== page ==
• Rituals: Finding shared rituals is important. Rituals bring us together, give us security, and provide us with an activity that we look forward to. Ask yourself what type of rituals you would consider creating with your partner. What are the rituals that you engage in within your family? Do you eat dinner together, are there special celebrations that you all value, do you share values regarding television, education, time spent together?


  • Goals: Just as it is important to have developed rituals, successful couples have shared goals and visions for their lives and the relationship. An effective relationship is one that supports each person achieving their own personal goals as well as the goals of their partner. Ask yourself and your partner, do you honor each other’s goals, do you have similar financial goals, do you have compatible life dreams, do you each value the accomplishments of the other, and do your life paths fit well together?


  • Roles: In an effective and functional relationship, each person has an agreed upon role or roles that are supported by the other. Ask yourself, do you support each other in your role in the family, does one of you have an expectation that you hold a particular role that is not shared by the other? How does this impact your relationship?


  • Symbols: In a functional partnership, individuals understand their partner’s meaning behind symbols and factors related to daily living. It is not necessary to have the same understanding or meaning with symbols but it is paramount that we appreciate what the following mean to our partner. It is also important not to just appreciate but to honor our partner’s meaning and reality of these symbols.  Some key symbols include:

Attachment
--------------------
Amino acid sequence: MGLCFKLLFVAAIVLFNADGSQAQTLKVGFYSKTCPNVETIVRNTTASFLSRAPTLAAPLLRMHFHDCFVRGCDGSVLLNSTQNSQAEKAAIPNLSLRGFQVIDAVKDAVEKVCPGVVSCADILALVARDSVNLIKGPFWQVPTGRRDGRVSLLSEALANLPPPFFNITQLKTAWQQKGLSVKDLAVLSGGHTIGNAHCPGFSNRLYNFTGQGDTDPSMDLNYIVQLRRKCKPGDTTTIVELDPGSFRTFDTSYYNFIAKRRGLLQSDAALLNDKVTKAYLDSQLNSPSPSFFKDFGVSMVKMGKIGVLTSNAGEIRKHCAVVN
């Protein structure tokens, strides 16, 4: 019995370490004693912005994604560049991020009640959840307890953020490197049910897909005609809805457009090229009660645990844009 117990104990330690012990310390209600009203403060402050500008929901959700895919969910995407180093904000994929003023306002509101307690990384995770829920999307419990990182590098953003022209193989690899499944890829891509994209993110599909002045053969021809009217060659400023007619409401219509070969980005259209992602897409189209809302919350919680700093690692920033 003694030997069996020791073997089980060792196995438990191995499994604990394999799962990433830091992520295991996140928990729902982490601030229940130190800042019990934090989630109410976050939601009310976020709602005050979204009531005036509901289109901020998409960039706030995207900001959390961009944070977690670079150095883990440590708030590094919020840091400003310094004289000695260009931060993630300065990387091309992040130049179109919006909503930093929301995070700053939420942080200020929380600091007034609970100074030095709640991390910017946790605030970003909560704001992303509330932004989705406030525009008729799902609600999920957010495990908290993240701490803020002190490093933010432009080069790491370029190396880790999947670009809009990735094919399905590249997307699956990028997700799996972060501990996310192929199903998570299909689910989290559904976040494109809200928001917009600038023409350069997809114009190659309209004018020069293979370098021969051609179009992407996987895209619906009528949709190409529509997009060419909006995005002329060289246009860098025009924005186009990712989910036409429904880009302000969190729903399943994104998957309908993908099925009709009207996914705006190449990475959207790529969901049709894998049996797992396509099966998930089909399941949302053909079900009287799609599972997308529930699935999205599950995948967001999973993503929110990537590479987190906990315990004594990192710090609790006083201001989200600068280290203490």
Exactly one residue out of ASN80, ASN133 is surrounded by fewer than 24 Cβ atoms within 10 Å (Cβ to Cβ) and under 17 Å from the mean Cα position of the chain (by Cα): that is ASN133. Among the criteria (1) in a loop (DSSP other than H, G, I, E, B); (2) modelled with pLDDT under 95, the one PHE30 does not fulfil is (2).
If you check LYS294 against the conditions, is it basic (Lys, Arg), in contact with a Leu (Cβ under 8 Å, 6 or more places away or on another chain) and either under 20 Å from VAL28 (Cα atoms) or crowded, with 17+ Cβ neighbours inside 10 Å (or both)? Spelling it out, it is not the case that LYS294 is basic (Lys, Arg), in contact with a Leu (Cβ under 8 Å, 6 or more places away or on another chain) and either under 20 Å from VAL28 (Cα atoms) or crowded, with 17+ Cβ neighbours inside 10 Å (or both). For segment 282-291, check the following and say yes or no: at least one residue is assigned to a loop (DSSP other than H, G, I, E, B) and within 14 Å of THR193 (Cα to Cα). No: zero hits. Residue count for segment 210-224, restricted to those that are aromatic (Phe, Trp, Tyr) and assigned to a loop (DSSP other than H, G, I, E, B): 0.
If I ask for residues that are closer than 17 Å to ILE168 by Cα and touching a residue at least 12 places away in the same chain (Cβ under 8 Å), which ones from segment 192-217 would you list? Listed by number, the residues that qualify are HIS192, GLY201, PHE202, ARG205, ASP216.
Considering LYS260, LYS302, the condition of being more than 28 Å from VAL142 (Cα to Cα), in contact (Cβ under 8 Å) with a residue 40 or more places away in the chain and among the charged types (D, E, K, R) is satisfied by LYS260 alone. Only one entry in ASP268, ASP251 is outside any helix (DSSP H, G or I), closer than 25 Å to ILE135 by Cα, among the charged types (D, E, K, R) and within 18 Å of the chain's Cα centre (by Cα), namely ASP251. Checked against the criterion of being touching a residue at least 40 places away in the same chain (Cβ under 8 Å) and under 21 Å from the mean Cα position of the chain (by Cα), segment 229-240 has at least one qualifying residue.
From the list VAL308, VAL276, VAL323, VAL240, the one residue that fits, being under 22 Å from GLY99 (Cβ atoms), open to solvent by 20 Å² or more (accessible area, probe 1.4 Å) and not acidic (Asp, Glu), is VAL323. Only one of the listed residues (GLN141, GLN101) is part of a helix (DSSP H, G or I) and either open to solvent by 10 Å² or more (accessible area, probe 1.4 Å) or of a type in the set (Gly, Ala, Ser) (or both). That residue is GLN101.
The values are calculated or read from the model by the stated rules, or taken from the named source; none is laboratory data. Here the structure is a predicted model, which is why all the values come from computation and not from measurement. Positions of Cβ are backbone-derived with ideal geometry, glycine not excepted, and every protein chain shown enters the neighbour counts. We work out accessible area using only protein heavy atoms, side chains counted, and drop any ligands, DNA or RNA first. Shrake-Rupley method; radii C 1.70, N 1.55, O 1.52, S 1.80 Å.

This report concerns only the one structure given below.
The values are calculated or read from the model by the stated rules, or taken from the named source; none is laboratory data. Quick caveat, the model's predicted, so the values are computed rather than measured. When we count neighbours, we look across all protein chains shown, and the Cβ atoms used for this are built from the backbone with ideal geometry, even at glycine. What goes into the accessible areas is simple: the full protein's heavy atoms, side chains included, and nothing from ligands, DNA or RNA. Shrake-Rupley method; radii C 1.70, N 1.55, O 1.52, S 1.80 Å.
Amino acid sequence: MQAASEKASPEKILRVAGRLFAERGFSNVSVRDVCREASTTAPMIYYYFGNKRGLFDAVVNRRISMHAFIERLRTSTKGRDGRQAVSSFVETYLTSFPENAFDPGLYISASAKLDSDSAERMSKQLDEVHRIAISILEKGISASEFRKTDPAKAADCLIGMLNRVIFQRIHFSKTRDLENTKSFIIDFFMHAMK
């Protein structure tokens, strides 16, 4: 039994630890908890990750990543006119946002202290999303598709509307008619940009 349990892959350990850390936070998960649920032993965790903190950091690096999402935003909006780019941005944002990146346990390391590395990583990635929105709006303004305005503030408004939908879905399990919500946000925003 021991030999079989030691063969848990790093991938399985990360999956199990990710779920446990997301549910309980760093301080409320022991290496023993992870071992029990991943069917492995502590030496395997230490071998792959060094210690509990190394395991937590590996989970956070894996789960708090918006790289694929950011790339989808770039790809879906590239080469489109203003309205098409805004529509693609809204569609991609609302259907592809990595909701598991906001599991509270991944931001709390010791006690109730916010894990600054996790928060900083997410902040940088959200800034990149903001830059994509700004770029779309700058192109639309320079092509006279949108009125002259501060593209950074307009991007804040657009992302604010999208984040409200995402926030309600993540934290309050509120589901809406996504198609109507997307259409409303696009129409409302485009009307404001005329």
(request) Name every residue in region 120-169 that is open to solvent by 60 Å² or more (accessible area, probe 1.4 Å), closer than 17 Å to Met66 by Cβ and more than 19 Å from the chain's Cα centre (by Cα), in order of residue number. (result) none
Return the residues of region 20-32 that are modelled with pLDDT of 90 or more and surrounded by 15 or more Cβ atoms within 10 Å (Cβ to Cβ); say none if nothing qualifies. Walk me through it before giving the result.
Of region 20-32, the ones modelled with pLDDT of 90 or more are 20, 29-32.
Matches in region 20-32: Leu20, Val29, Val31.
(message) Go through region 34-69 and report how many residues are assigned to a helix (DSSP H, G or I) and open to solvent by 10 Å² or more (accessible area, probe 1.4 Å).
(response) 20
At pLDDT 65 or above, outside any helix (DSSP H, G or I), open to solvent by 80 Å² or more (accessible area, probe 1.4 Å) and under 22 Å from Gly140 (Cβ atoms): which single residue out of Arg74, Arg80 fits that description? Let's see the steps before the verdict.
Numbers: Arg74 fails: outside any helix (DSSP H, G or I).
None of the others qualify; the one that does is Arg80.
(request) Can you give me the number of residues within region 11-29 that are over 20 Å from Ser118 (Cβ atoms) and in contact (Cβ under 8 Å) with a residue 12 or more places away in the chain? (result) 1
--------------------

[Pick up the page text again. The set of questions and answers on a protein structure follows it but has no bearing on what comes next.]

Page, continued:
• The home
      • Money
      • The meaning of family
      • The role of sex
      • Fun and play
      • Trust
      • Personal freedom
      • Autonomy
      • Sharing power
      • Adventure




Spend 30 minutes as a couple and complete the following exercises.

  1. Share something with your partner that they don’t know about you.
  2. Each of you share something that you admire or find amazing about the other.
  3. Commit to each other that for today you will practice moving toward each other and be open to the other’s expressions of affection and desire to communicate.
  4. Explore together how the balance of power may be improved in the relationship. Do you both share equal power related to spending, children, future plans, and domestic responsibilities?
  5. Use one of the techniques above to discuss an issue that has created conflict (Gottman or Markman and Stanley).
  6. Together discuss a personal goal that you would like the other to help you accomplish, create a new ritual that will define you as a couple, and discuss personal values that you each have that you would like to follow as a couple.